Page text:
Tuesday, July 4, 2023

Indy Did Something Pretty Incredible

 I clutched my violin, so worried about talking in front of a large crowd. This felt terrifying, almost as bad as a performance in 2021. I’d lost my hair after brain radiation and stood there totally bald with large hoop earrings ostentatiously dangling from my ears. My walker (which I named “Bertie”) helped me reach the meeting room where the entire floor of cancer patients had gathered. I probably looked ridiculous with those earrings matching my hospital gown, but I still fiddled my heart out, hoping to make the day better for someone.

“Indy, it felt terrible. I could’ve fainted,” I told my youngest daughter right after this experience when she was 10.
“Why, Mama? I don’t get it. You’ve played for a lot of people before.”
“It’s superficial… but cancer is hard enough without losing my hair. I could hide behind my hair and makeup. No one knew I was sick. But without hair…well, I guess I actually LOOK like I have cancer now. I didn’t want all of those people to watch me play my violin bald—and I couldn’t afford a wig.”
Her face fell. “I’m so sorry you lost your hair.” She touched her own hair that extended past her shoulders. “Do kids lose their hair, too, a lot…from cancer?”
I’d nodded. “Yeah. I can’t even imagine being a kid with a terminal illness.” And then as I looked at Indy, sadness overcame me. Something so outside of my control is hurting my family; that’s the absolute worst thing about this…
I caught a movement in the corner of my eye, and it brought me back to the present where people had gathered to hear me speak. My right hand clenched around my fiddle, then I blew out a long breath because I needed to say something—do something. They were waiting.
My voice finally squeaked out, rambling for a moment about “reframing.” For those unfamiliar with the term, reframing is basically when you step back and look at situations from different angles. In my posts, I often talk about “finding the good.” That’s really just a way of reframing tough situations so I can get through them.
I spoke honestly. “I don’t think I would’ve gotten treatments if I didn’t have kids. I used to have such big goals: Travel around the world. Go canyoneering. Catch a massive catfish while noodling! But… now my goals are much simpler: See all of my kids become adults. Grow another year older with Mike. Just LIVE!”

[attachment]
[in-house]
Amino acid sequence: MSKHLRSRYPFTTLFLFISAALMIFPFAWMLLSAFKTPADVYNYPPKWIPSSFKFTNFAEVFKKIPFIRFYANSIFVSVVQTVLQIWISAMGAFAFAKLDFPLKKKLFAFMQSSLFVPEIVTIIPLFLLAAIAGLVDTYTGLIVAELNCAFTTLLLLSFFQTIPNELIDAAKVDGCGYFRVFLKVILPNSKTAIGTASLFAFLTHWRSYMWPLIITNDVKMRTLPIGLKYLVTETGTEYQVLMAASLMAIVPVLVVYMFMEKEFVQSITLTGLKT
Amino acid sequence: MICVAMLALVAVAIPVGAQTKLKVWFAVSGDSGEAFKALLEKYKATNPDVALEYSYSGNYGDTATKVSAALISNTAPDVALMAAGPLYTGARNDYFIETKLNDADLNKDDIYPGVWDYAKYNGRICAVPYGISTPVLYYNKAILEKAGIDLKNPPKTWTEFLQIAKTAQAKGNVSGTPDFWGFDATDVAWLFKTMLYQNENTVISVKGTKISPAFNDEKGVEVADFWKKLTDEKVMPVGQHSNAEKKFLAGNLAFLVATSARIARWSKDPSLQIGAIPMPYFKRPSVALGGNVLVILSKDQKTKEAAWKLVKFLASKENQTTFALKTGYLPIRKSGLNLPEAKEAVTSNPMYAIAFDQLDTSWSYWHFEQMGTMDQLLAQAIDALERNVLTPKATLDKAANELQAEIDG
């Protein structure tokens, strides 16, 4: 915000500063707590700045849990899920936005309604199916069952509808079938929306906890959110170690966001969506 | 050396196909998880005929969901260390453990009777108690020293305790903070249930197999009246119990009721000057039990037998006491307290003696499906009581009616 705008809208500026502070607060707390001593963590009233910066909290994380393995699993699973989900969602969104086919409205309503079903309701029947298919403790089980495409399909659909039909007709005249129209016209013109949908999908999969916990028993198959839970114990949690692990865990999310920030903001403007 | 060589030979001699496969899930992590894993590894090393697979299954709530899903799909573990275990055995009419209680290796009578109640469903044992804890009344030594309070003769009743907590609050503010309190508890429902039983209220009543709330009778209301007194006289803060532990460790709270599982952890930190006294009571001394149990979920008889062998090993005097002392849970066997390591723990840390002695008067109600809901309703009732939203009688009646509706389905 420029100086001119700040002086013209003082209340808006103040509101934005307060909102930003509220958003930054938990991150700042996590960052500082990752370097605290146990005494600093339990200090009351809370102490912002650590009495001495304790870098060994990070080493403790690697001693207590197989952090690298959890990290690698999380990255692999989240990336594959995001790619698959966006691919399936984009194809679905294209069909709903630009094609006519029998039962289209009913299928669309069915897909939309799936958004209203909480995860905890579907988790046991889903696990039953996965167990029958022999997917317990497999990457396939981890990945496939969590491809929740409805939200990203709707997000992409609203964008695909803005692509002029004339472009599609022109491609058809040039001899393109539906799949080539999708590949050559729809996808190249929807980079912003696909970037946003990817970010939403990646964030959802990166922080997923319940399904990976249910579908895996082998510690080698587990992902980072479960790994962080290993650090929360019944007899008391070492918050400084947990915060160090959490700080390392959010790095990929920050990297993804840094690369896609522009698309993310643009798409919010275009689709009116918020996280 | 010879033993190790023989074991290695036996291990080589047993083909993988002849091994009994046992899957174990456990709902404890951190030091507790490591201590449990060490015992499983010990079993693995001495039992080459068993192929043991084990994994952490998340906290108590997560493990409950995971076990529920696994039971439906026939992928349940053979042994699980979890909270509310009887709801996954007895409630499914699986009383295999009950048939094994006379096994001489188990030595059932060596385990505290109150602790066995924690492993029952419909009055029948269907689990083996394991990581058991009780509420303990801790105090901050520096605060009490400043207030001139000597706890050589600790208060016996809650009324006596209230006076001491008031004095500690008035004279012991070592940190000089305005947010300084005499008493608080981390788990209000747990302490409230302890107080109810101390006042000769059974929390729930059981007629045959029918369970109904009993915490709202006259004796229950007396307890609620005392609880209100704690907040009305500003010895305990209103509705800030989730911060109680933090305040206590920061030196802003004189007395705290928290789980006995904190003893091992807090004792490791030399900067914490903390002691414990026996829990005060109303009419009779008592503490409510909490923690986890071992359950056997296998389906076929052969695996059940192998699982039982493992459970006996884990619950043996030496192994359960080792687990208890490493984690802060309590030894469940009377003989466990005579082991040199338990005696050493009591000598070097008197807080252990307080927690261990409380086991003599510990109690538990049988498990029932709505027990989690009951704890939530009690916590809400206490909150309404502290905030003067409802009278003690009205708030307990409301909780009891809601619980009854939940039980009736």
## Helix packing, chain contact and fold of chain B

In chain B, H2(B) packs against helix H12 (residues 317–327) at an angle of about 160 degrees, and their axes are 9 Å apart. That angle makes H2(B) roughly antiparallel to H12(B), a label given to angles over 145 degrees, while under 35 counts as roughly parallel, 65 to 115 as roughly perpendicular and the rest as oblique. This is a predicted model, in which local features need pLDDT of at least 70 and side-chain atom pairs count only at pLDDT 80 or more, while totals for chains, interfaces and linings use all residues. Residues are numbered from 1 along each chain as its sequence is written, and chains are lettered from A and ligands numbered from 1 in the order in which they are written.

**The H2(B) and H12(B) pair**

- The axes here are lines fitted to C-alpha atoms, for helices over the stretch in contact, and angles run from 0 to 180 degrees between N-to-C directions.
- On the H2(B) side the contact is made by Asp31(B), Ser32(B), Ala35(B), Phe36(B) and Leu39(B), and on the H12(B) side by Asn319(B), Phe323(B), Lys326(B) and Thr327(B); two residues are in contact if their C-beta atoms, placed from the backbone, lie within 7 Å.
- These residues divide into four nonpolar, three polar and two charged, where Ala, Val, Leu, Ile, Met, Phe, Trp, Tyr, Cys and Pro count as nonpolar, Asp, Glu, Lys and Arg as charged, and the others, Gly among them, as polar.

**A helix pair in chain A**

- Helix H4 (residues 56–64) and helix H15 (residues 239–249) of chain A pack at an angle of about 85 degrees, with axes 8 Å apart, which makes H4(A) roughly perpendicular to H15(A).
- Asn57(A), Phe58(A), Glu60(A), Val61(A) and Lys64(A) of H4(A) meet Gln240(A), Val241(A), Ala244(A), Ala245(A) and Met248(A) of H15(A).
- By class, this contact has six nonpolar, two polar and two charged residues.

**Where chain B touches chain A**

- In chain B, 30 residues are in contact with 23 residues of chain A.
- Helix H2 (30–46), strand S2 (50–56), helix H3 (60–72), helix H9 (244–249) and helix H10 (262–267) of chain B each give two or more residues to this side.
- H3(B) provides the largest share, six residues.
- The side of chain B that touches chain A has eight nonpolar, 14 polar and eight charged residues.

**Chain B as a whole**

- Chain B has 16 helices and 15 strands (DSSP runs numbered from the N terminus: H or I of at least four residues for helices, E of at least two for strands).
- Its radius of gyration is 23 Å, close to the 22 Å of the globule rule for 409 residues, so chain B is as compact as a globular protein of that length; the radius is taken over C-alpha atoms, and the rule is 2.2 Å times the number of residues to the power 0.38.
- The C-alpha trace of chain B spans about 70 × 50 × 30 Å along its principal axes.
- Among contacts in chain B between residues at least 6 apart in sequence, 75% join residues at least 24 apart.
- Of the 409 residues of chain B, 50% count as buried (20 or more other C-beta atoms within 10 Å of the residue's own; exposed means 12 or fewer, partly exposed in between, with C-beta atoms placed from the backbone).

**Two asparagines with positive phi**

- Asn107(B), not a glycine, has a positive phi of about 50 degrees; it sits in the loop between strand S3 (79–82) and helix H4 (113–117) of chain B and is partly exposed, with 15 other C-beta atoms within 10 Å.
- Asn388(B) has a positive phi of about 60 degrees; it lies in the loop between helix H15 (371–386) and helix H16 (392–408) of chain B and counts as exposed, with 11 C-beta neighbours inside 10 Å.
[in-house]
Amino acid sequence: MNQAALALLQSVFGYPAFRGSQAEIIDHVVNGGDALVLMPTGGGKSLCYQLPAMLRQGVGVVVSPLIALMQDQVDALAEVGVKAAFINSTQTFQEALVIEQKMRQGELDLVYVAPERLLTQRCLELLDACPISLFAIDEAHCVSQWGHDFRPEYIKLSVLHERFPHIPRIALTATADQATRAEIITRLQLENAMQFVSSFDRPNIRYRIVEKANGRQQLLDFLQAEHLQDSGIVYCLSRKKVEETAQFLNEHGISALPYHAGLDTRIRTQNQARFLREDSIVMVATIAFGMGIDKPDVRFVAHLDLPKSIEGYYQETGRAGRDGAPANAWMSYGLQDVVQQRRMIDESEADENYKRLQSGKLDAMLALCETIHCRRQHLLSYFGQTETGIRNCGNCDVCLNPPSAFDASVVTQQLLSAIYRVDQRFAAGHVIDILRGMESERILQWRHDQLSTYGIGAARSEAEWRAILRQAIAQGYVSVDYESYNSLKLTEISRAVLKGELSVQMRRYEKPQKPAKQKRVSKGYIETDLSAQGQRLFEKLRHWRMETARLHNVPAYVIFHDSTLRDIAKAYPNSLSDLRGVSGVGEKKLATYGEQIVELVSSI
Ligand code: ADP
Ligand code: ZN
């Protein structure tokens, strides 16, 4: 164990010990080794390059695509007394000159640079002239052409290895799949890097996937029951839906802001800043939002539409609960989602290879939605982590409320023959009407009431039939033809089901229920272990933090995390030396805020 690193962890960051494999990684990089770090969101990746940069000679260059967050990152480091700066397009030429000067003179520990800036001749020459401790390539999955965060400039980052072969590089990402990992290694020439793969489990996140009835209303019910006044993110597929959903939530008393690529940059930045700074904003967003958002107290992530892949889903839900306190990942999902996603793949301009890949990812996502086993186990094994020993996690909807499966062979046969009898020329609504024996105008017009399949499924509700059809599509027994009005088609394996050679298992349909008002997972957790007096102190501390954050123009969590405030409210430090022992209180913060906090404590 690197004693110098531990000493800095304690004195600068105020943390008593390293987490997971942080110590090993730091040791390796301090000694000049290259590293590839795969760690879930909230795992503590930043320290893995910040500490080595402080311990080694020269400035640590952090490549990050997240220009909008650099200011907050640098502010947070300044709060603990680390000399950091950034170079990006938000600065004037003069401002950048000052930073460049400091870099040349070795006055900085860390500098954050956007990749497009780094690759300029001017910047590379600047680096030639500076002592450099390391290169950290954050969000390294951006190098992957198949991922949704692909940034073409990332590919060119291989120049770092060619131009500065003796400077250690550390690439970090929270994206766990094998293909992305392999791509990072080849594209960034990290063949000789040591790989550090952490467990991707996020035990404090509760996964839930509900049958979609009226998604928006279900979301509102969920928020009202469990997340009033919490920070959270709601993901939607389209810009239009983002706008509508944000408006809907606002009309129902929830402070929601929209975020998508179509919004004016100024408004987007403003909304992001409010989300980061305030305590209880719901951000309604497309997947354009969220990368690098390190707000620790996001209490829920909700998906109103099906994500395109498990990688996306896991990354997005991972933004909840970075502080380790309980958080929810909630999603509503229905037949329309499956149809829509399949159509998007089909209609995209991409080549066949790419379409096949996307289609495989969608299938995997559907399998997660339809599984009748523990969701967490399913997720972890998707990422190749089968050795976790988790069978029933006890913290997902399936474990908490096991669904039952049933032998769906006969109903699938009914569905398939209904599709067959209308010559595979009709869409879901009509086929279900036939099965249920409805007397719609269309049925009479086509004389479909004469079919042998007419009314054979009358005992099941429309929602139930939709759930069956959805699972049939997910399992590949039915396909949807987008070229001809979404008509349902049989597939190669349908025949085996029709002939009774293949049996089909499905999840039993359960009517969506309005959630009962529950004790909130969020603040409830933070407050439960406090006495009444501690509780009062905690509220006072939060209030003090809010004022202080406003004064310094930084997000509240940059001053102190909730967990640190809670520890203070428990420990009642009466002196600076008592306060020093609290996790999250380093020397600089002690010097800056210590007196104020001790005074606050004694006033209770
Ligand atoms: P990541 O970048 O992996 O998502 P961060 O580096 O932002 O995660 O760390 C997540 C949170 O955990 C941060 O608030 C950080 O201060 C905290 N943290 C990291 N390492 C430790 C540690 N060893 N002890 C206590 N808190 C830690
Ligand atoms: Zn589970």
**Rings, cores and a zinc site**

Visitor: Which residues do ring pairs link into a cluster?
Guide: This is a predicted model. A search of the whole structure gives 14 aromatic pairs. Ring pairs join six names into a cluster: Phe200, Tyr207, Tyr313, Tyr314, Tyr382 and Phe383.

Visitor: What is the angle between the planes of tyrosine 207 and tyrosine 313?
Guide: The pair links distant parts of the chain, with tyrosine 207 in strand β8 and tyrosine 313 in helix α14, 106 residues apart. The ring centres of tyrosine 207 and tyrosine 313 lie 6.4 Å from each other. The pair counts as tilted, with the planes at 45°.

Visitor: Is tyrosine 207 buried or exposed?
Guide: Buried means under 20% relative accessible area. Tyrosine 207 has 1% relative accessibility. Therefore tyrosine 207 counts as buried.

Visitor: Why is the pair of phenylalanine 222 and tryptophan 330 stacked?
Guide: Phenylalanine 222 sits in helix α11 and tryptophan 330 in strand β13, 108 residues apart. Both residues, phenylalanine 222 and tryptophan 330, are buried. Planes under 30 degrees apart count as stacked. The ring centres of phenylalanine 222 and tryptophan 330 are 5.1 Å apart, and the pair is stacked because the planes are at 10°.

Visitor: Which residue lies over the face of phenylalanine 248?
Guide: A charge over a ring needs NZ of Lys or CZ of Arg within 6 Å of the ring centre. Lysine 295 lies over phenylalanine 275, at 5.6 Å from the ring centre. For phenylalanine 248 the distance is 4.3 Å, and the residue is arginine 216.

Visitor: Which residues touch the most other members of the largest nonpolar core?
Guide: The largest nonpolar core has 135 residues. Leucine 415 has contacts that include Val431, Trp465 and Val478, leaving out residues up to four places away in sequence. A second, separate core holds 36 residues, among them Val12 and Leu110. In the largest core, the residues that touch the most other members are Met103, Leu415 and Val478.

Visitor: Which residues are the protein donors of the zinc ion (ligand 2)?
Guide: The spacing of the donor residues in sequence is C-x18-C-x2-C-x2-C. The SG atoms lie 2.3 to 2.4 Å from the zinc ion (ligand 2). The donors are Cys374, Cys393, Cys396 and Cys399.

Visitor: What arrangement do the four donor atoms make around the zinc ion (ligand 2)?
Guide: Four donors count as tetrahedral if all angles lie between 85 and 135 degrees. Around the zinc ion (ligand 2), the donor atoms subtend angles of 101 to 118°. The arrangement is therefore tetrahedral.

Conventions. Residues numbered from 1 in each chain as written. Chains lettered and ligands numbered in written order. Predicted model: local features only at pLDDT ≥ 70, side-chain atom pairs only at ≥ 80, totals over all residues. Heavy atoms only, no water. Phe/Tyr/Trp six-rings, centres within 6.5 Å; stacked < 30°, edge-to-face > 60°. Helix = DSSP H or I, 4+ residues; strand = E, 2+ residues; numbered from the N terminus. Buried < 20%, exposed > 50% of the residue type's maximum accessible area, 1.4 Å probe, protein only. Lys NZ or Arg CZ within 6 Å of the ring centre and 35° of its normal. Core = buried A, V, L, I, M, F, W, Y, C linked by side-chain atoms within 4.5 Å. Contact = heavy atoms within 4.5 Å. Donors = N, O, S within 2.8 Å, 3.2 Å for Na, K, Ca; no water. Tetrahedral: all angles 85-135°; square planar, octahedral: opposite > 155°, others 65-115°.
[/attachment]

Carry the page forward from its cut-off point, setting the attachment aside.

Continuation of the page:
I thought about the many people in attendance, and as my hands shook, I willed myself to be strong. That’s when I remembered Indy, the conversation about her hair over two years ago, and something incredible she did this weekend.
“It took forever, but it’s finally long enough,” she said, biting her trembling lip.
“It’s beautiful.” I paused, studying her long hair and gauging her determination. “Are you sure?”
“Mama, I saw how hard it was for you after you lost your hair. I’ve taken care of my hair really well, grown it so I can donate at least 14 inches...” She pulled out a ruler and held it to her hair. “See! There’s no changing my mind. I want to do this.”
So, we visited the hair salon, and they cut 18 inches!
The hairdresser came over to me at one point. “When I realized you put me in your book, TWO MORE YEARS, I went home and cried because it meant so much to me.”
“Really?!” My eyes lit with wonder. I glanced at the beautician’s tattoo that says ‘Always More.’ She’s such a darling person; I never expected her to have encountered any struggles. Yet, she’d gotten that tattoo to remember that there’s always more to people’s stories. She got that after her mother died from cancer.
“I’m so grateful you’re the one who helped us with Indy’s hair donation today.”
Allie grinned and turned to my baby girl. “This was incredibly kind of you,” she said. “You’re making a difference.”
Indy practically skipped to the post office dropbox, so eager to mail her hair to Wigs for Kids. Her hair bounced as she turned and giggled. “It feels so nice to be helping someone since I know how terrible cancer can be. I’m just glad to be making a difference.”
Her words echoed in my mind. And so, instead of giving the speech I had prepared, I told the group all about my brave, generous daughter, Indy. Somehow, by relaying her tale of courage, I suddenly felt courageous too. My violin rested at playing position, and despite fatigue, sadness, setbacks, and second-guesses, I played a song that conveyed hope to everyone.
Pic below: Indy stands with Mike (my husband), ready to mail the hair donation to Wigs for Kids

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